S+L logo

Waiting In and On the Spirit.

June 3, 2009
hsI often ask people if they could name one great theme that runs throughout the Bible, what would they say? Many give the answers you would expect: love, mercy, trust or something of the sort. However, one of my students very quickly responded, “waiting” – with a bit of frustration, I might add.
An entire room chuckled at her response, but over the years, I have concluded that my young student was right on – there is, in fact, an awful lot of waiting that occurs in the Bible.
During this season of Pentecost, it seems a helpful idea to remember. In the Gospel this past Sunday, Jesus tells his disciples, “I have much more to tell you, but you cannot bear it until the Holy Spirit comes among you.” In other words, you are going to have to wait.
In a world that is always is in a hurry; that always seeks gratification as quick as possible; that desires efficiency, accumulation and status, we are asked to stop trying to control the process and take comfort in the Divine plan.
About three weeks ago, I was ordained a priest for the Basilian Fathers. When I entered the Congregation almost eight years ago, I could not picture myself as a priest, but I knew, without a doubt, that God was calling me to begin living in community as a teacher at a Basilian high school. Over the course of these past eight years, I found myself becoming more and more like a Religious, and now that I am a priest, I have discovered that this really is what I am called to be. I don’t know how it happened, but I do know that it was all very subtle and gradual.
I have found that wisdom knows the balance between taking action and allowing the process to lead us to the Truth. There were many moments during my formation when I felt I would be better off if I had more say over my life, but I also knew that there is value is allowing myself to be guided through the process. Only prayer will help us understand which action is needed at the time.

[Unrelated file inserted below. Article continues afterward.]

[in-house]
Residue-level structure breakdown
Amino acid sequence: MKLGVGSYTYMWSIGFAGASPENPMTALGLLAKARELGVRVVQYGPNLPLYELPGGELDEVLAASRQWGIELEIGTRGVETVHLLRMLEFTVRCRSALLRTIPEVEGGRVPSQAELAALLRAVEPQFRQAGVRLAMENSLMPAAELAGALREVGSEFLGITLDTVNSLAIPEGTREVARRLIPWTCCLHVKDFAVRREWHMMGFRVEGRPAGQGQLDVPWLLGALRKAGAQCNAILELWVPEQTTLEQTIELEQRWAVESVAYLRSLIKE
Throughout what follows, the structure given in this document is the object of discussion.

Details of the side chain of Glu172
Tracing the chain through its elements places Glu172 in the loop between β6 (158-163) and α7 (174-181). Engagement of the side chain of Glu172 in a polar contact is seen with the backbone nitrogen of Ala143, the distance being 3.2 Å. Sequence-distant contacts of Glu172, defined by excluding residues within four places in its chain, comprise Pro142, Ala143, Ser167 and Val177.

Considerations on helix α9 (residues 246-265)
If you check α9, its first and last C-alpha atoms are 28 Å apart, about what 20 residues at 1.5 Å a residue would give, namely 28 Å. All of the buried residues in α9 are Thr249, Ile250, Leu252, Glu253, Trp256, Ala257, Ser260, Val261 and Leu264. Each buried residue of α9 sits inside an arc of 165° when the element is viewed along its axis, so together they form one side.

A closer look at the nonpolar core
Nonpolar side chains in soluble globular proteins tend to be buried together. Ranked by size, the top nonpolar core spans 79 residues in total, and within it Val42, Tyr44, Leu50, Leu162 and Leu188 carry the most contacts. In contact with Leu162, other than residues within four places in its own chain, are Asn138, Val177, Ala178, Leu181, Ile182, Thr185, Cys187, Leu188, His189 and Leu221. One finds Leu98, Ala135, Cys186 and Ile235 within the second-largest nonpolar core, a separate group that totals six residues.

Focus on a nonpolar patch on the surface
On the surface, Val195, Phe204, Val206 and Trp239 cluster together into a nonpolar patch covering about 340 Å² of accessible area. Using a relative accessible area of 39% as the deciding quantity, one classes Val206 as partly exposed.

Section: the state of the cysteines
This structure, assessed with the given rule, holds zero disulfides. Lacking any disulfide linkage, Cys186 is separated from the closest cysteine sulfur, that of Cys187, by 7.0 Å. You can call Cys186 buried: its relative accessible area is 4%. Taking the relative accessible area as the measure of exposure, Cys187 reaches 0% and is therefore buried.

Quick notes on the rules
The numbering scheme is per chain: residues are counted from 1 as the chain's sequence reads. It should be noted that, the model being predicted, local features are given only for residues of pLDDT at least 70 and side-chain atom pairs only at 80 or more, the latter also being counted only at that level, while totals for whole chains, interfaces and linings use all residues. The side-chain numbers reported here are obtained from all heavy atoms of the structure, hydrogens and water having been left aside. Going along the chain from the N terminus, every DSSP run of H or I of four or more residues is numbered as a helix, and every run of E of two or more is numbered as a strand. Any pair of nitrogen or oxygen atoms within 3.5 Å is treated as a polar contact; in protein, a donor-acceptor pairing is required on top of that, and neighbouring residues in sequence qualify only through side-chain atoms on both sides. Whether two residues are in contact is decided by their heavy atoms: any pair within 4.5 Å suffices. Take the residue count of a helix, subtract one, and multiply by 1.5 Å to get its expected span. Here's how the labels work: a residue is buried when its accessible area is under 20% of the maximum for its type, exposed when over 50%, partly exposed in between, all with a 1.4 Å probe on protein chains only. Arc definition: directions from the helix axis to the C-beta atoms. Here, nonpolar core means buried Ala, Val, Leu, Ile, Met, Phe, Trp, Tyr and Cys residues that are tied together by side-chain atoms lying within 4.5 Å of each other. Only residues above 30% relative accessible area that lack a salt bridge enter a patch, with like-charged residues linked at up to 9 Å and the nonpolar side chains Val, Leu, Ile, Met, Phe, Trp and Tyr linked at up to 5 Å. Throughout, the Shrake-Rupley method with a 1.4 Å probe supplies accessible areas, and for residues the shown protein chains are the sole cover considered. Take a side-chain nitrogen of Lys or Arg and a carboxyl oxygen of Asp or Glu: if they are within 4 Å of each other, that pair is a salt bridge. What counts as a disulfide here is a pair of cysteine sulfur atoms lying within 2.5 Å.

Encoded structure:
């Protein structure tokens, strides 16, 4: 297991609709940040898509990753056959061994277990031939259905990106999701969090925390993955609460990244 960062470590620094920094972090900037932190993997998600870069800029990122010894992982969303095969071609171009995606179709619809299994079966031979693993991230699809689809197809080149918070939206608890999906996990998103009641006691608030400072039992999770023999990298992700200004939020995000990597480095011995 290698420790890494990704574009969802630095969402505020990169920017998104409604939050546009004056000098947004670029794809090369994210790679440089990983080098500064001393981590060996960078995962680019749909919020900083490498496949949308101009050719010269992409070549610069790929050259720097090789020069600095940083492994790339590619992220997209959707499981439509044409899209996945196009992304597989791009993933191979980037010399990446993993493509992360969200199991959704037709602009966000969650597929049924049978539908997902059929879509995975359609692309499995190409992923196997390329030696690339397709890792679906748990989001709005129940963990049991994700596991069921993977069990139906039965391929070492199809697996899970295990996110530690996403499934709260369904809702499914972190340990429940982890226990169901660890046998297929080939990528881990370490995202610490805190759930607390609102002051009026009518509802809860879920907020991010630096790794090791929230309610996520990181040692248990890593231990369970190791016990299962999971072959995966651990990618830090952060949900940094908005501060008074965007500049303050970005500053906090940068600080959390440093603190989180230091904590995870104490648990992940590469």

During this season of Pentecost, the Spirit is reminding us that holiness is not something we can achieve; rather it is a gift that comes from our experience – from the journey, the process. Holiness is not the objective, but it is what happens when love becomes the objective. When our love of God and love of others drives us – in time, we are made holy.
So, let us be bold, but willing to embrace the unexpected. Let us be purposeful, but not too quick to reach a conclusion. Let us live for God and our brothers and sisters, so that we understand what it means to truly live. And throughout all our journeys, let us pray: Come Holy Spirit, Come Holy Spirit, Come Holy Spirit.
Related posts
Good evening and welcome to Perspectives Daily. 2019 World Youth Day in Panama is coming up pretty fast and registration for this event is open and spots are starting to fill up. On today’s sho ...read more
Blessed Paul VI will be canonized later this year. Pope Francis made the announcement to the pastors of the Diocese of Rome during a question-and-answer session, that he had with the priests on Februa ...read more
Second Sunday of Lent, Year B – February 25th, 2018 Moriah. Sinai. Nebo. Carmel. Horeb. Gilboa. Gerizim. Mount of Beatitudes. Tabor. Hermon. Zion. Mount of Olives. Calvary. Golgotha. Mountains a ...read more
In today's episode of Perspectives Daily, we sit down and chat with the geniuses behind the Broadway musical hit, Come From Away. Canadian playwright Irene Sankoff and David Hein talk to Noel Ocol abo ...read more
Deacon-structing Lent: Our Baptismal Promise
FacebookTwitter
When you think of Lent, what do you think of? Do you think of feasting or fasting? Do you think of partying or penance? It’s true that Lent is a penitential season, but do you know that the word ...read more